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limit spread of respiratory infection may have been aimed at limiting spread of tuberculosis, the general message remains relevant and appropriate today because of shared mechanisms of transmission for many respiratory infections.

Endangers You: Discover the Unknown Spreaders! National Tuberculosis Association, United States, ca.
1940. A father reads the newspaper in his armchair as his happy family gathers round — oblivious to the dangers
of contagious tuberculosis.Posters developed to support tuberculosis control advocate use of x-rays to discover unknown spreaders of infection. One poster shows a healthy-appearing middle class family – suggesting that anyone could be infected with tuberculosis. In the middle part of the 20th century (especially during the1940s and 1950s) mass chest x-ray screening programs were established in many cities, some employing specially equipped vans that toured the cities offering free chest imaging. Unfortunately, some screening programs used photofluorograms, photograms of fluoroscope images, rather than conventional x-rays. Apparently, many machines had no filters and no shielding, so screened individuals ended up receiving large doses of radiation. Although these mass screening programs detected some cases of unrecognized tuberculosis (some studies suggested that early programs detected about 20% of all cases of active tuberculosis), they also delivered radiation and its risks, which were not fully appreciated at the time. As the incidence of tuberculosis dropped, the yield from mass screening of the general population dropped and the approach was discontinued. Now routine screening x-rays are used only in selected populations with high risk of tuberculosis, such as prison populations in some cities or immigrants to the US coming from countries with a high incidence of tuberculosis.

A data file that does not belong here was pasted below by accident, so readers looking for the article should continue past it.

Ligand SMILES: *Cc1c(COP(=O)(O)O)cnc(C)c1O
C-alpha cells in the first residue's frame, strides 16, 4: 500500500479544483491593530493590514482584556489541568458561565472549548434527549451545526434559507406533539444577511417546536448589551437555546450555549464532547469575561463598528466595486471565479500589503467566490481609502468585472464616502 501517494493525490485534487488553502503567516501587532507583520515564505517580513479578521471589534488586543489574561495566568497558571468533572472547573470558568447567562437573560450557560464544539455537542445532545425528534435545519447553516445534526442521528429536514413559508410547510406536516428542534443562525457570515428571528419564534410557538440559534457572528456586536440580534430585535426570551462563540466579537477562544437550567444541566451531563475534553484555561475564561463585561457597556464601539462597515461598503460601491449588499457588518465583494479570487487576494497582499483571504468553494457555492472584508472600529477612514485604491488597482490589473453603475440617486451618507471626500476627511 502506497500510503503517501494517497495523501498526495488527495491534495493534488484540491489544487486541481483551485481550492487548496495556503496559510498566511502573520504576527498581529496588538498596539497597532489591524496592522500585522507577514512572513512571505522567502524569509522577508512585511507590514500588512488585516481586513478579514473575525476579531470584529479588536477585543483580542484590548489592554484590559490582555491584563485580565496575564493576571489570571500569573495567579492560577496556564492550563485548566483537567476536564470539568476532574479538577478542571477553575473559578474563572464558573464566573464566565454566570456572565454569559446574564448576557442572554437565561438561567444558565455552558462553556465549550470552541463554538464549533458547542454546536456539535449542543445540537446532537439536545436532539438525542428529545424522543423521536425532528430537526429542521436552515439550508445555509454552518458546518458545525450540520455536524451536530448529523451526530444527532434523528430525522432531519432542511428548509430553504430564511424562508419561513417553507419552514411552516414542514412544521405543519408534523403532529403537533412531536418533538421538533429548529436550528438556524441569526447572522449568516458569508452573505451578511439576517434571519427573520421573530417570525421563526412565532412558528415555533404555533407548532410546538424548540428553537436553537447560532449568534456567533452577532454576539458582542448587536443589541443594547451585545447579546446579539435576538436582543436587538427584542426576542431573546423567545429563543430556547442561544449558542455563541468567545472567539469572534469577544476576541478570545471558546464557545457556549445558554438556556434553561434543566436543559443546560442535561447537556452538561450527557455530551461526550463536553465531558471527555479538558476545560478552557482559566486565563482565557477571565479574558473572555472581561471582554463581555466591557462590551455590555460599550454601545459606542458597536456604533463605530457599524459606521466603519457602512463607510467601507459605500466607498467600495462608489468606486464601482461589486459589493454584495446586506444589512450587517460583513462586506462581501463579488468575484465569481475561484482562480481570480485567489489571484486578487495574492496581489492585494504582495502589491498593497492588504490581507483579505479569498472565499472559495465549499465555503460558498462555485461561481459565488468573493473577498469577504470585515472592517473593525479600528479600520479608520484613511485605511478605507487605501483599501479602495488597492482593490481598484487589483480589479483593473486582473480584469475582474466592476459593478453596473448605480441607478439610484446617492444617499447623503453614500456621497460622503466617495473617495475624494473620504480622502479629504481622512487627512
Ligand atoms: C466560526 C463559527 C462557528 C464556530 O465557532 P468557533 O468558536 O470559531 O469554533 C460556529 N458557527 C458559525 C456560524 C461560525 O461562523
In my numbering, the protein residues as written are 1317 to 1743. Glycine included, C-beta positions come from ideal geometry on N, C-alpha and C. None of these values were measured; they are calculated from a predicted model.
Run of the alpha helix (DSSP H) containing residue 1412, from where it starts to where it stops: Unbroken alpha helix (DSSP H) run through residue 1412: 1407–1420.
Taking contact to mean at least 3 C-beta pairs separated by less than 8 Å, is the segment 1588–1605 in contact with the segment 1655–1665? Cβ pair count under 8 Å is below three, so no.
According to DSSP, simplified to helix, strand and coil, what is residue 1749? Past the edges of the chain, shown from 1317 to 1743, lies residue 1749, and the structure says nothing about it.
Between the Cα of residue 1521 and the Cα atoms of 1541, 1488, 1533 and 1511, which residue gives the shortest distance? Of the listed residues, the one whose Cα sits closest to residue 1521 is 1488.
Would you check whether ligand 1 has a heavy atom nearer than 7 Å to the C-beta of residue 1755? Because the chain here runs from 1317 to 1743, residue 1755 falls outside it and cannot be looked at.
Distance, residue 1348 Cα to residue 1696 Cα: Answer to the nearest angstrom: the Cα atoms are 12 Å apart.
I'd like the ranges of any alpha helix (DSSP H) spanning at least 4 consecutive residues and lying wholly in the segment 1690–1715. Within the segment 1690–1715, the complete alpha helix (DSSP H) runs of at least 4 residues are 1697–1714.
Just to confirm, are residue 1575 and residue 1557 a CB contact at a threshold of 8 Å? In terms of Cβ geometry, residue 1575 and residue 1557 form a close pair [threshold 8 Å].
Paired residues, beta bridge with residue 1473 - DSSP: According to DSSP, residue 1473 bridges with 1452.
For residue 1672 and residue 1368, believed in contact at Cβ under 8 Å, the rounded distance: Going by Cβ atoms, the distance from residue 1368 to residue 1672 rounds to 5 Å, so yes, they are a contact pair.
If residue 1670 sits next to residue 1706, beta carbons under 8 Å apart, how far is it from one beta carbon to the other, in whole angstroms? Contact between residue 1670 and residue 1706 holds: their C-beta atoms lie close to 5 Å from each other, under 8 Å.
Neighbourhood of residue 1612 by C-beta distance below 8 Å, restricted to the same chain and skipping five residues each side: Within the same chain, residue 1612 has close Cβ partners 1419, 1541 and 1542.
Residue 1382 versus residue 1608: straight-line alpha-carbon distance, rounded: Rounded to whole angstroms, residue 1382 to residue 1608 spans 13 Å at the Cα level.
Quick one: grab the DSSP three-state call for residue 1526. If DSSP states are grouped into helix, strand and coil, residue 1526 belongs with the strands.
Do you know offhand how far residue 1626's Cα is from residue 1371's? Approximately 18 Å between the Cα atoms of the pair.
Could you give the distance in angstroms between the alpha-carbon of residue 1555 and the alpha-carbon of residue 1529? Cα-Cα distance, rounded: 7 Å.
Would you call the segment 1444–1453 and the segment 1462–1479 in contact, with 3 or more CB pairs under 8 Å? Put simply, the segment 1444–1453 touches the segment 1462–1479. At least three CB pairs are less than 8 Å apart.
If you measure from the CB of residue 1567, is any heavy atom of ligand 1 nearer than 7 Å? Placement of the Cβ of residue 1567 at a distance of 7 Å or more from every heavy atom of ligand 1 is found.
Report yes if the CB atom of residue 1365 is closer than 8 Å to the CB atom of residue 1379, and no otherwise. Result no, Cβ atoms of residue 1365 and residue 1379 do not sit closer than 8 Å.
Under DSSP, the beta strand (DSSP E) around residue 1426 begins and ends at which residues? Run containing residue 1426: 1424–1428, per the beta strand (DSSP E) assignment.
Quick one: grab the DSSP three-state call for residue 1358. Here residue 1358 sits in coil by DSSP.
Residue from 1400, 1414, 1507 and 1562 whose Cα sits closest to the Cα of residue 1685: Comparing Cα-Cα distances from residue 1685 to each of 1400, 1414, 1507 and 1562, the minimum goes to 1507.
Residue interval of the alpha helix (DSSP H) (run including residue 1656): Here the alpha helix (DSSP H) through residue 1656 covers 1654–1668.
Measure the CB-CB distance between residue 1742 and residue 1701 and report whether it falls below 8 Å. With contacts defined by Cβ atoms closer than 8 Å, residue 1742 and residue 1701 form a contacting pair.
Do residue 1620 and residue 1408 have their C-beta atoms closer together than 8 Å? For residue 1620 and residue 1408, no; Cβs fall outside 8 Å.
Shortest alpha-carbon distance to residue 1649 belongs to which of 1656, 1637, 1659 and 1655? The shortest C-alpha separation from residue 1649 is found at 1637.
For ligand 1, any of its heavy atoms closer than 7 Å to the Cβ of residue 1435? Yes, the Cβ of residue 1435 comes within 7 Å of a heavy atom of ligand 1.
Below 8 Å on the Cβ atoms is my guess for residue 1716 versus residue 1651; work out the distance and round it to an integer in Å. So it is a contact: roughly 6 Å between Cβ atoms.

Some posters speak to the dangers from drinking unclean water at a time when many in the U.S. had come to take safe drinking water for granted. One poster, dating from 1944, suggests the risk of death from drinking unclean water in a jungle stream and advises the soldier to drink only approved water. By this time in the U.S., many municipal water systems had come to rely on filtration and disinfection to virtually eliminate waterborne infections like typhoid fever and hepatitis A. It is a sad commentary that safe drinking water remains unavailable decades later to about a billion persons globally, and waterborne infections continue to claim lives, especially in developing countries.

Mary Elizabeth Wilson, MD
Associate Clinical Professor of Medicine, Harvard Medical School
Associate Professor of Population and International Health
Harvard School of Public Health